Or maybe even “indistinguishable.”

Draft night was supposed to be a culmination of a painful seven-month stretch that only had occasional yet costly moments of light.

Death lineup? Meet Death March. And Death April, while we’re at it.

The Bulls brass sold everyone on a full rebuild after trading Jimmy Butler one year ago, with an unspoken promise that this draft would bear franchise-changing fruit—hence the general feeling of angst or even indifference with the solid selection of Wendell Carter Jr. and their not-so-secret affection of Chandler Hutchison.

It was why fans believe the Bulls got cold feet about trading to move up, and why they believe the Bulls weren’t being pragmatic in staying away from Michael Porter Jr.

Porter, some believe, has star written all over him given his prep ranking this time last year and the Bulls were in position to speed up this process without having to go into a painful Process.

They were desperate for a star, believing the tankathon had produced so much suffering it had to be something on the back end.

There was the fight (or the punch).

The aftermath.

The miserable 3-20 start.

The 14-7 streak that produced the audacity of hope.

The reality that 14-7 was damaging enough to the lottery chances that a 3-11 finish couldn’t rectify.

And finally, the coin flip that cost them five spots in the lottery one month ago.

So that empty feeling has less to do with Carter and Hutchison, who’ve done nothing to earn the “blah” reaction from the fan base and some media. It has everything to do with the unanswered questions over the last 82 games and lack of clarity over the three hauls from draft night last year.

It’s not that Zach LaVine, Lauri Markkanen and Kris Dunn underperformed individually last season, but the lack of cohesiveness due to injuries and circumstances has led to the varying thoughts.

LaVine is approaching restricted free agency and by all accounts is taking his continuing rehab in Washington very seriously.  Markkanen has added plenty of muscle since the offseason began, appearing as if he can play Michael B. Jordan’s in-ring foil in the next installation of “Creed” as Ivan Drago’s long lost son.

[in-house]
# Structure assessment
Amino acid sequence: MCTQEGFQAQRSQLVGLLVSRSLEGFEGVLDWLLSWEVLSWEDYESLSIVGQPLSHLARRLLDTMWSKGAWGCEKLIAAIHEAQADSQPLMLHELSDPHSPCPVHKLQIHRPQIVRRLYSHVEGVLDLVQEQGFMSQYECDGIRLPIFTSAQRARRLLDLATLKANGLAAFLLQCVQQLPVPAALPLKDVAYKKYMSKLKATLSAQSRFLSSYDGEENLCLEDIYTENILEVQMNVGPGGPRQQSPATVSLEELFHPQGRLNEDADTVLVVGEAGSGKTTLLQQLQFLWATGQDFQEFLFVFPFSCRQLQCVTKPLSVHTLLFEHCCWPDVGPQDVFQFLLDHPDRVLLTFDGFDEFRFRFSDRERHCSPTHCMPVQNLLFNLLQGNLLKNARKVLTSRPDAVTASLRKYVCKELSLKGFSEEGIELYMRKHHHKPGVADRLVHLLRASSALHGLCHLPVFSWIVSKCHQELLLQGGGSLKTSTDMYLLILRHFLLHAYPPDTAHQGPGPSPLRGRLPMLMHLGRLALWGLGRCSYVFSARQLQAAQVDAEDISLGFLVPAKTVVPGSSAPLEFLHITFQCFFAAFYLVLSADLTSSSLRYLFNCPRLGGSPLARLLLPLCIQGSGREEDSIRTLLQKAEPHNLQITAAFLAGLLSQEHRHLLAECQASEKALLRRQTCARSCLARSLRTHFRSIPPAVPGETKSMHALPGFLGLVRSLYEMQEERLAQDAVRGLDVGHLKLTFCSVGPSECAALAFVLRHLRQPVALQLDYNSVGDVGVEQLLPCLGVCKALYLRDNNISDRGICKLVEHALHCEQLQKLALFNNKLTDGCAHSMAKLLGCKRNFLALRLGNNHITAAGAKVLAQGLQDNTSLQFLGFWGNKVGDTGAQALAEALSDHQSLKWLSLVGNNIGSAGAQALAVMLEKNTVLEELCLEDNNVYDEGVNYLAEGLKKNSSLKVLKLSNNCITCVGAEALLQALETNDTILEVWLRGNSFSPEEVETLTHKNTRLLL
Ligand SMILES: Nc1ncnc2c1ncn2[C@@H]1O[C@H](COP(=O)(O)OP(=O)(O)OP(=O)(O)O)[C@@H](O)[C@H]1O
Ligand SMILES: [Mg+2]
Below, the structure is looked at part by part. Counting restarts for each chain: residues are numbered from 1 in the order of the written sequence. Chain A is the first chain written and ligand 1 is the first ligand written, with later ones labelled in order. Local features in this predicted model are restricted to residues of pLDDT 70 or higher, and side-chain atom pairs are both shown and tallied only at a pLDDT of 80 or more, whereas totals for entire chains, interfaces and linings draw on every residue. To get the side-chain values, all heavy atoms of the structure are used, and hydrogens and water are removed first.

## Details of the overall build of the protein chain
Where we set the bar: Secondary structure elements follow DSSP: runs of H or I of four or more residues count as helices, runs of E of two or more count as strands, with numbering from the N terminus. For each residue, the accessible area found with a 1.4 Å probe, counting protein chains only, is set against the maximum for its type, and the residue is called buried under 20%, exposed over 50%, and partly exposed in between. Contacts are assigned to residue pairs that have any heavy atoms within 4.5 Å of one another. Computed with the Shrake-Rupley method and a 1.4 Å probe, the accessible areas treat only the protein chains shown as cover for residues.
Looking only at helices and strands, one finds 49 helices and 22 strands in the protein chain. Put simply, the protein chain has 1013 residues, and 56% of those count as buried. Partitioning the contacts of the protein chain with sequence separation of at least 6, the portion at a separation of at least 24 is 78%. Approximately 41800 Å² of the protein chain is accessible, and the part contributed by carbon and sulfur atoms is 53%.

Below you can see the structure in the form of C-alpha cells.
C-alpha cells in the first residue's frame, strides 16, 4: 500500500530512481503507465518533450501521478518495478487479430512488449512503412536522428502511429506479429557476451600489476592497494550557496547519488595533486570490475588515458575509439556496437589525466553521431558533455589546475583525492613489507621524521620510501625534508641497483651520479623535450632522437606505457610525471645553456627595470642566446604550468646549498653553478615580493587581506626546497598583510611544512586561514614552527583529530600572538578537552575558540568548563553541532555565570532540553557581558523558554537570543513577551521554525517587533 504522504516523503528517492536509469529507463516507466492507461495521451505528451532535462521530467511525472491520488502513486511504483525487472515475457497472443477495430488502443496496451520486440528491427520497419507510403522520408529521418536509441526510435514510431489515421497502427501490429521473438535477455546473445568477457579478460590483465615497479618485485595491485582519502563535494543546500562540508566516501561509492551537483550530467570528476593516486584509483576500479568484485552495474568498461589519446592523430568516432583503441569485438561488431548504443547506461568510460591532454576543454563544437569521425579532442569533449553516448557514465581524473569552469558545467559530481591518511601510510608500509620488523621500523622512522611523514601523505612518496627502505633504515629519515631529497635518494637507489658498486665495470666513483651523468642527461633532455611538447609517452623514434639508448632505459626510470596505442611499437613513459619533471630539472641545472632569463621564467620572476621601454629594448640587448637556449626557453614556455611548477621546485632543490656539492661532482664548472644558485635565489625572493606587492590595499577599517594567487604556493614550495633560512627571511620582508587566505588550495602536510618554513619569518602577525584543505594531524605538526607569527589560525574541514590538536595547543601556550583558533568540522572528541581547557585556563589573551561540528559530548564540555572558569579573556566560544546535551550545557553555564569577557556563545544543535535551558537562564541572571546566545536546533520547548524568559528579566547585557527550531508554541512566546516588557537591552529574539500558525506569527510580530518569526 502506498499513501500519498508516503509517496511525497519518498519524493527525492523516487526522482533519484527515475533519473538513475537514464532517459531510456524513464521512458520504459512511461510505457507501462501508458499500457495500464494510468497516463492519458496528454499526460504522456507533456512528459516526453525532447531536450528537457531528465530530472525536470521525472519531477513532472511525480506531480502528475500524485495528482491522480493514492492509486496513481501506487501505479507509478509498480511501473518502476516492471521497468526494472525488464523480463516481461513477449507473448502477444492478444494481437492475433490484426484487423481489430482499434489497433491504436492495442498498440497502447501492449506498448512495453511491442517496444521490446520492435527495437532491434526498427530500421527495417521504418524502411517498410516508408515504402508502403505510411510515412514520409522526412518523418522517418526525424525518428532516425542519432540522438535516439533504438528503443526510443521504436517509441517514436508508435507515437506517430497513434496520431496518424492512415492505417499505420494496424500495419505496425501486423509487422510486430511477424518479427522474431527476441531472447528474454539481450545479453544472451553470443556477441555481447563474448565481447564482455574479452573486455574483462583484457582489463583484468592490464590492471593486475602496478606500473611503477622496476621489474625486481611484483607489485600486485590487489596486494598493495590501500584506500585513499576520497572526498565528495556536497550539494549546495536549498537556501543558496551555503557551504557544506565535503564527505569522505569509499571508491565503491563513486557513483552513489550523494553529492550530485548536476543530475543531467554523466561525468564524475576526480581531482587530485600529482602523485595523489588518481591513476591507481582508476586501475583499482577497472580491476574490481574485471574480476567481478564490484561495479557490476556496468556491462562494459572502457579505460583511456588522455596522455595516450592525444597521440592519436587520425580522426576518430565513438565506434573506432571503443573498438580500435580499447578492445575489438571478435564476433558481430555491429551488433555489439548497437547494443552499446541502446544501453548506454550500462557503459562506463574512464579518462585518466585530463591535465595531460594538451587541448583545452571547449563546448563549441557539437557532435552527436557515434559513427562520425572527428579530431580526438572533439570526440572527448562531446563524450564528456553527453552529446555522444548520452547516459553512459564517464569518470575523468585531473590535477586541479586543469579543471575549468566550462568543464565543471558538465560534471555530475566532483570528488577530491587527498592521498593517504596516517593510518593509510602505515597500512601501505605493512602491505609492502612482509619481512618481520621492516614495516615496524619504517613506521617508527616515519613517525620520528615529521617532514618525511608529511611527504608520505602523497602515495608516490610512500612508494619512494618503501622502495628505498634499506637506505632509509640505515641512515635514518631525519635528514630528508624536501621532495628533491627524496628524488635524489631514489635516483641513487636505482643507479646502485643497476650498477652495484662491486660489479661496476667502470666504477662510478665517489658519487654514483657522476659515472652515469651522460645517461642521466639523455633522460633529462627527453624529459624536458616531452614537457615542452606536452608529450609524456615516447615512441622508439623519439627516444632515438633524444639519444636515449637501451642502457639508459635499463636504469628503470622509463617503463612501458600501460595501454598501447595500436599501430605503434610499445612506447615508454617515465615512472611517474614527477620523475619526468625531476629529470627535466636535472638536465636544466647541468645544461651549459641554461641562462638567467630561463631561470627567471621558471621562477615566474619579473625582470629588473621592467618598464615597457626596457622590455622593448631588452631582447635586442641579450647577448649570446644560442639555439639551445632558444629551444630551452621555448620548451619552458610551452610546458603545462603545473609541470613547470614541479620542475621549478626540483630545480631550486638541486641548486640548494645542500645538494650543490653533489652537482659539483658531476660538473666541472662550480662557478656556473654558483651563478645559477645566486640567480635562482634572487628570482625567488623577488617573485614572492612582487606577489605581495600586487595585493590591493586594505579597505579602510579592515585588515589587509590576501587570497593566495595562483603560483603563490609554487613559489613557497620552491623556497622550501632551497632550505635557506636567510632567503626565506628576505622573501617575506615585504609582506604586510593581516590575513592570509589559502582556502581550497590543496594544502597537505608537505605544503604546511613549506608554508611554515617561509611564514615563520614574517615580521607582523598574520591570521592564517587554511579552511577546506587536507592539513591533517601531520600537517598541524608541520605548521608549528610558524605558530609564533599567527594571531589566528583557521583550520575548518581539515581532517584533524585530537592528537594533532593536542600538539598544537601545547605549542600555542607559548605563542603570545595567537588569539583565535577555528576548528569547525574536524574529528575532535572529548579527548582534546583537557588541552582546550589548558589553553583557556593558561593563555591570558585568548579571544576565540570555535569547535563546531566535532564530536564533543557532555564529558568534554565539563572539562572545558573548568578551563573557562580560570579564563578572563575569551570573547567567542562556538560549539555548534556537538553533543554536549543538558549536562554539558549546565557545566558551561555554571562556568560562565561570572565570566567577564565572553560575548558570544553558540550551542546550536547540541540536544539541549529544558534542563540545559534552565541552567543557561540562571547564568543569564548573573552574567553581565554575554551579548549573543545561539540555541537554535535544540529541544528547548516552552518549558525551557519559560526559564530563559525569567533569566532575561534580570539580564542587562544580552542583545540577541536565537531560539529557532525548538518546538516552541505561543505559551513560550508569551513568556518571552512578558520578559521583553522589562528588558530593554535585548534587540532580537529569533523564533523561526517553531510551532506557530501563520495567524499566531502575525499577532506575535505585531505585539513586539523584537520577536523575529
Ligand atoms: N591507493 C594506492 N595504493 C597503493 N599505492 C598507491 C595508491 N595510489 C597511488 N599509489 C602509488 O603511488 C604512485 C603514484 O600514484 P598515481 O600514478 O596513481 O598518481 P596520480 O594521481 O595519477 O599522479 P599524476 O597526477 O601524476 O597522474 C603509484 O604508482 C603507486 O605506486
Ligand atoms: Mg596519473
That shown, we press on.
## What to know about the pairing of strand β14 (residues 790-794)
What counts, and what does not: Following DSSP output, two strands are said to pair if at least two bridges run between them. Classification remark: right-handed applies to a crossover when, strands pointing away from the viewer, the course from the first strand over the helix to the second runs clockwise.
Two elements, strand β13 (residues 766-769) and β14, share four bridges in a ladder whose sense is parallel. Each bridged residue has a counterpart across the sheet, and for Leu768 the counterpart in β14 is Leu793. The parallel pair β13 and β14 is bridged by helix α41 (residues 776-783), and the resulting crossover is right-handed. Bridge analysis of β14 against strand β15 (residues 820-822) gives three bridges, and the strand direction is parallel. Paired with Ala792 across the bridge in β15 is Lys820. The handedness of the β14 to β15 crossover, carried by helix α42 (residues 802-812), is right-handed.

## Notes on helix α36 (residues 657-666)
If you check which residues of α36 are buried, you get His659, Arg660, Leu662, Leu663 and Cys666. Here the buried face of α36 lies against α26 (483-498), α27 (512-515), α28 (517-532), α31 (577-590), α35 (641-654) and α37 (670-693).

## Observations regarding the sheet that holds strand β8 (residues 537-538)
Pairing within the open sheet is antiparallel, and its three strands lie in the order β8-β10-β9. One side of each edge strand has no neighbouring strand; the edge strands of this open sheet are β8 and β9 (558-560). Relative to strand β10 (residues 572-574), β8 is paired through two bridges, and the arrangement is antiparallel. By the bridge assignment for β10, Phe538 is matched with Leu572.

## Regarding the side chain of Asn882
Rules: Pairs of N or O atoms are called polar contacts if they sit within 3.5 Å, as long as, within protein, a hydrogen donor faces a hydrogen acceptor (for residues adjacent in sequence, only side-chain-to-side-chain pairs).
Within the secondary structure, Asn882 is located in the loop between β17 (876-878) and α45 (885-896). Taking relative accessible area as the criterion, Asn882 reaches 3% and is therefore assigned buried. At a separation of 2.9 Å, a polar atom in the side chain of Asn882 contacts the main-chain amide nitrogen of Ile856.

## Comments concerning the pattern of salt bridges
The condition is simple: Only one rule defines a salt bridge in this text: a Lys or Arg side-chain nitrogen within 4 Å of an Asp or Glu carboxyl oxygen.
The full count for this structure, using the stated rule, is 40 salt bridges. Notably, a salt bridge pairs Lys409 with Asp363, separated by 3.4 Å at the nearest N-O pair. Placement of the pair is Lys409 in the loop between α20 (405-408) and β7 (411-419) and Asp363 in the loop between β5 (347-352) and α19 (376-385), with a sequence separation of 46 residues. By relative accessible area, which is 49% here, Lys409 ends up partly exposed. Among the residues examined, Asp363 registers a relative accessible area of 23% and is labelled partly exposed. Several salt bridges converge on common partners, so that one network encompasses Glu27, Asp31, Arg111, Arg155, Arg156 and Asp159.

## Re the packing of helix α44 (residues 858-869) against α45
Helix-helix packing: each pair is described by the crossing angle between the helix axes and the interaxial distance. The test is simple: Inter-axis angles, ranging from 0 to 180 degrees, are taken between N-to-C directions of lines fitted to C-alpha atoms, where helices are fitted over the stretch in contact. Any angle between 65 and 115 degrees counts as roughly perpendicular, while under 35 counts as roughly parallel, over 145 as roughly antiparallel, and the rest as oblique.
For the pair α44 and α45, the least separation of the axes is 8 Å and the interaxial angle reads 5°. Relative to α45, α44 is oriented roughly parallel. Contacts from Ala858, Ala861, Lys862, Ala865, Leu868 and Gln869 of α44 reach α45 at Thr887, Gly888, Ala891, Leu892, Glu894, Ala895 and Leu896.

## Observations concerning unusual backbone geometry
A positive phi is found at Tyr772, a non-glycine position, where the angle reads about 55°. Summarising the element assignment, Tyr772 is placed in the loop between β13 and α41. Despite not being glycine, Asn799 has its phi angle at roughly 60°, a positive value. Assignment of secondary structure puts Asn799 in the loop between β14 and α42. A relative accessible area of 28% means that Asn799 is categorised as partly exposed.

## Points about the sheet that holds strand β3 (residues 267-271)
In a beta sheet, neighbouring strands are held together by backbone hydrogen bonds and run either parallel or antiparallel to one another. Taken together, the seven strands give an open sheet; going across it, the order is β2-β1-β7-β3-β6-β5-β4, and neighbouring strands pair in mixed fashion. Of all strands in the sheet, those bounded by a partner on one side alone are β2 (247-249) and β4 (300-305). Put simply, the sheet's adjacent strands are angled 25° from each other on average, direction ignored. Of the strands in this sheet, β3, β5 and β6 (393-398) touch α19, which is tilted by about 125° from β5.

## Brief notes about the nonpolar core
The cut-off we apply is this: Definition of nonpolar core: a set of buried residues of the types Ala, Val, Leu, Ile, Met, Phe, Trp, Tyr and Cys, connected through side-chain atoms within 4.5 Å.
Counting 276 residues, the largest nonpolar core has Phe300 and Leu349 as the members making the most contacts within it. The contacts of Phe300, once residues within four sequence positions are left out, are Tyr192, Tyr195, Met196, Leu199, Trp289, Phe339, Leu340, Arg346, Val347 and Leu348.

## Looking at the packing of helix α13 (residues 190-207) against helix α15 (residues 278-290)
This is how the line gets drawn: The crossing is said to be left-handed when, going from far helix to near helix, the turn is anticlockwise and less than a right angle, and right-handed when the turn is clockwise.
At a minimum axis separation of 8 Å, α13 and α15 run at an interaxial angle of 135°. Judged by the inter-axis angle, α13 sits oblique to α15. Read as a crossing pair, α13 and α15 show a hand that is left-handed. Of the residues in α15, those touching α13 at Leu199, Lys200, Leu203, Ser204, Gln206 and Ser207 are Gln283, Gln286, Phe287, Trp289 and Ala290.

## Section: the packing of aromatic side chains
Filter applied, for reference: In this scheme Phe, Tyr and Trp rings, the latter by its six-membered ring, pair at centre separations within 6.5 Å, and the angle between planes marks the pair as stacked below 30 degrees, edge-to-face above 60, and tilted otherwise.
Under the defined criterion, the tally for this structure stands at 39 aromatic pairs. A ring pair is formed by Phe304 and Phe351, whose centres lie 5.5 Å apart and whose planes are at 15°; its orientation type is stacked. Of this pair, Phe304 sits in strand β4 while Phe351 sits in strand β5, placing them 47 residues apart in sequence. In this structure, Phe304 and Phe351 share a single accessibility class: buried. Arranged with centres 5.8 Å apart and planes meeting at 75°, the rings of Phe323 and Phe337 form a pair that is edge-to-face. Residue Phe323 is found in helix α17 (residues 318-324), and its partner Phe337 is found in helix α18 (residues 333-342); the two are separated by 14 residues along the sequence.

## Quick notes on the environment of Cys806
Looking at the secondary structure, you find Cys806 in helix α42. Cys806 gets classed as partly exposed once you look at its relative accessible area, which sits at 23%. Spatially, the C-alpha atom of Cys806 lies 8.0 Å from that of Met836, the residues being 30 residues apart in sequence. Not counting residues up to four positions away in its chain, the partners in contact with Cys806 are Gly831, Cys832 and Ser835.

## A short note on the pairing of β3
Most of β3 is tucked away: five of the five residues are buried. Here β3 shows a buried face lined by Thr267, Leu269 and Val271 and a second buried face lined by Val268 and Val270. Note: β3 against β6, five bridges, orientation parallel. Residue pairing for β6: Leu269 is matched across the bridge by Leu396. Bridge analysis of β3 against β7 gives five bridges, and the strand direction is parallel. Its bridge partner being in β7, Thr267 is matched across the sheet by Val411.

And despite the report about Dunn not working as hard on the floor this offseason, that would be more of a concern if this were late August, not June.

The last time they were seen together on the floor, they looked no closer to a pecking order than the day they arrived.

What we know is that they’re productive NBA players, capable of putting an individual tattoo on a game at a moment’s notice, skillful enough to take your breath away.

And for whatever reason, the expectations changed once the three displayed they could be dynamic on their own—a star needed to be anointed and groomed to go with the star they believed was coming their way after the season.

Management is fully behind Markkanen, but Paxson’s strong words about LaVine at the season-ending news conference illustrated how much it feels LaVine has to prove next season.

With his restricted free agency status looming, the Bulls’ initial offer will show how much they value him until and if he gets a better deal on the market.

And the fact the Bulls weren’t afraid to draft Trae Young while having a healthy debate about Collin Sexton on draft night has to show they have at least some skepticism about the future at point guard.

But stars—developing stars, acquired stars, drafted stars—have to do it on their own. No amount of promotion or prodding from management will validate their faith, if that’s the route the Bulls choose to go.

This has to be a meritocracy or it won’t work and, honestly, it’s time for a reality check.

All the worry about the Bulls getting back to title contention sooner rather than later seems like folks getting ahead of themselves.

The front office has taken its share of shots from media and fans, so some questioning is earned but they’re right about one thing. Rebuilds aren’t completed in a day or 12 months.

Expecting some magic potion to arrive in the form of a top draft pick isn’t going to cure what ills this roster, and it doesn’t seem likely all the cap space will result in a free agent choosing the Bulls over the usual suspects.

However, methodical building can look like complacency if not done with a sense of urgency.

And with urgency in mind, this past season was unsatisfying to say the least—heading into the next phase with two more young pieces to develop while the first three are still in the evaluation stage.

Loyola's March Madness hero Donte Ingram will play with Bulls' Summer League team

Loyola's March Madness hero Donte Ingram will play with Bulls' Summer League team

Donte Ingram's 2018 keeps getting better and better.

The March Madness hero, who buried a game-winning 3-pointer in the first round of Loyola's win over Miami, will play on the Bulls' Summer League team.

Ingram, a Simeon Academy graduate, had himself an incredible senior season with the Ramblers, who advanced all the way to the Final Four as a No. 11 seed.

In five NCAA Tournament games Ingram averaged 7.0 points, 5.8 rebounds and 1.6 assists for the Ramblers. He also had 18 points in the MVC Conference Championship Game to secure the Ramblers' March Madness berth.

He'll join first-round draft picks Wendell Carter Jr. and Chandler Hutchison on the Las Vegas Summer League team, which will begin play early next month.